Former McLaren Racing team principal Ron Dennis has given an interview to Esquire Magazine, ('the magazine for men who mean business'), in which he provides the following insight:
"I used to go to bed with the vacuum cleaner going because my mum wanted the house immaculate when she got up. That’s the ethos I grew up with, everything had to be perfect all the time. That’s why I am such a pain to live with. I don’t want chaos; my homes are my tranquillity bases."
The description of home as a 'tranquillity base', confirms that these are indeed the words of Ron Dennis. However, the vacuum cleaner recollection may be unwise. Many magazine journalists and newspaper feature writers are fond of engaging in the amateur psychological analysis of media personalities, and those who touch on motorsport may now be inclined to suggest that Dennis's perfectionist ethos is the consequence of an inability to satisfy, or the desire to emulate, a dominant and perfectionist mother.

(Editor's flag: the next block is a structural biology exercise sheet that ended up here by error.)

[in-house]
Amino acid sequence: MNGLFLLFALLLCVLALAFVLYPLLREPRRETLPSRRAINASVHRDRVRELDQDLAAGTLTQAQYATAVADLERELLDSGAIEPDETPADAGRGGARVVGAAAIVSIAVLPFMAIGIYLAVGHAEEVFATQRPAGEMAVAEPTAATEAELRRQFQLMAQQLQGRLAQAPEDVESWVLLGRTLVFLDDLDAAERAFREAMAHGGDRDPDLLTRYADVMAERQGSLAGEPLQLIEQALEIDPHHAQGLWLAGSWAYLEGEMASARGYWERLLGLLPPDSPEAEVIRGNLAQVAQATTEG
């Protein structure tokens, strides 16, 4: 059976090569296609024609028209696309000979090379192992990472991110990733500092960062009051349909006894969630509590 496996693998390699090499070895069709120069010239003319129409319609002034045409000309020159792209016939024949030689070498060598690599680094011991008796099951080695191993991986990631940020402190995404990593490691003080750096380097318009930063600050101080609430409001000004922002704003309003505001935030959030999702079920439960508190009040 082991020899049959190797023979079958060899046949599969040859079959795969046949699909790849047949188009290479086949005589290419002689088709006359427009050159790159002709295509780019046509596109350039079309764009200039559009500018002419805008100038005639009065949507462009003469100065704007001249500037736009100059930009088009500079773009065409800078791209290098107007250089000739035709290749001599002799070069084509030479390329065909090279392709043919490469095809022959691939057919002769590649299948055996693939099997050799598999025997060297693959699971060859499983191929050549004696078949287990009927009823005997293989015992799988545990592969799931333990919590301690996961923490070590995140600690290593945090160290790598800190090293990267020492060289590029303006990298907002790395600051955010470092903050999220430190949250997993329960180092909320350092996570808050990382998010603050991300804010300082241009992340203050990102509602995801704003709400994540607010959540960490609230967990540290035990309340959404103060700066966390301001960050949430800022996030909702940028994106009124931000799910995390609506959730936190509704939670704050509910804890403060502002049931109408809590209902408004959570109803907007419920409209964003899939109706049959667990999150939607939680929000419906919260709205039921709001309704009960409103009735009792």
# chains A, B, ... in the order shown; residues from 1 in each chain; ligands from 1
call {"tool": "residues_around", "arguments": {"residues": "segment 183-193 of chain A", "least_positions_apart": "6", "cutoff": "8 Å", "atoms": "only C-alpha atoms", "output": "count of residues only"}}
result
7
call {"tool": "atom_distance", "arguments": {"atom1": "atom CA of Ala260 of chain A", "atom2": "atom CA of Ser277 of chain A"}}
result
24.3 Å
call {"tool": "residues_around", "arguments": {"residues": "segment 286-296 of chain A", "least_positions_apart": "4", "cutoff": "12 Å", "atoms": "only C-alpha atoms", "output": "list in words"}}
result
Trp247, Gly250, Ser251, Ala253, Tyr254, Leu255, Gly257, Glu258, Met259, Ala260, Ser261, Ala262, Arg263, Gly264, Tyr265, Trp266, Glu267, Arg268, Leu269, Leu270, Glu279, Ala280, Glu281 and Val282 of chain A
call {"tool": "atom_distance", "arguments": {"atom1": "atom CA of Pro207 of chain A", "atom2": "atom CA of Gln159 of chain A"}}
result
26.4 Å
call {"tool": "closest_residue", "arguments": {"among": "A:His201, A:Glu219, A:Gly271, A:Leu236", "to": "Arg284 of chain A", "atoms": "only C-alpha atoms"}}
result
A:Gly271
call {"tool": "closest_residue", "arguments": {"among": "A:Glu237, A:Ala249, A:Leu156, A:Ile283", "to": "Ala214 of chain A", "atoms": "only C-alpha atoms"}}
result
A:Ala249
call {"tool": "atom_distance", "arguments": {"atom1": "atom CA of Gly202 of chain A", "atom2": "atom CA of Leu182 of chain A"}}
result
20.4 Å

In fact, a perfectionist mother is one of the five 'mothering styles' defined by clinical psychologist Stephan B. Poulter, in his book The Mother Factor: How Your Mother's Emotional Legacy Impacts Your Life:
The Perfectionist Mother — whose family must look perfect in every way
The Unpredictable Mother — whose ups and downs can create lifelong anxiety and depression in her son or daughter
The "Me First" Mother — whose children come second or last
The "Best Friend" Mother — who's now in vogue but can wreak havoc
The Complete Mother — who provides guidance and shows compassion to her child
Dennis is also quoted as stating that his relationship with Ayrton Senna "edged on almost masculine love...I use the word quite deliberately. It didn’t have any homosexuality about it, it wasn’t that sort [of love]." This is touching, but with that final, Alan Partridge-like qualification, again one wonders if Dennis is simply providing his enemies with the ammunition to deride him.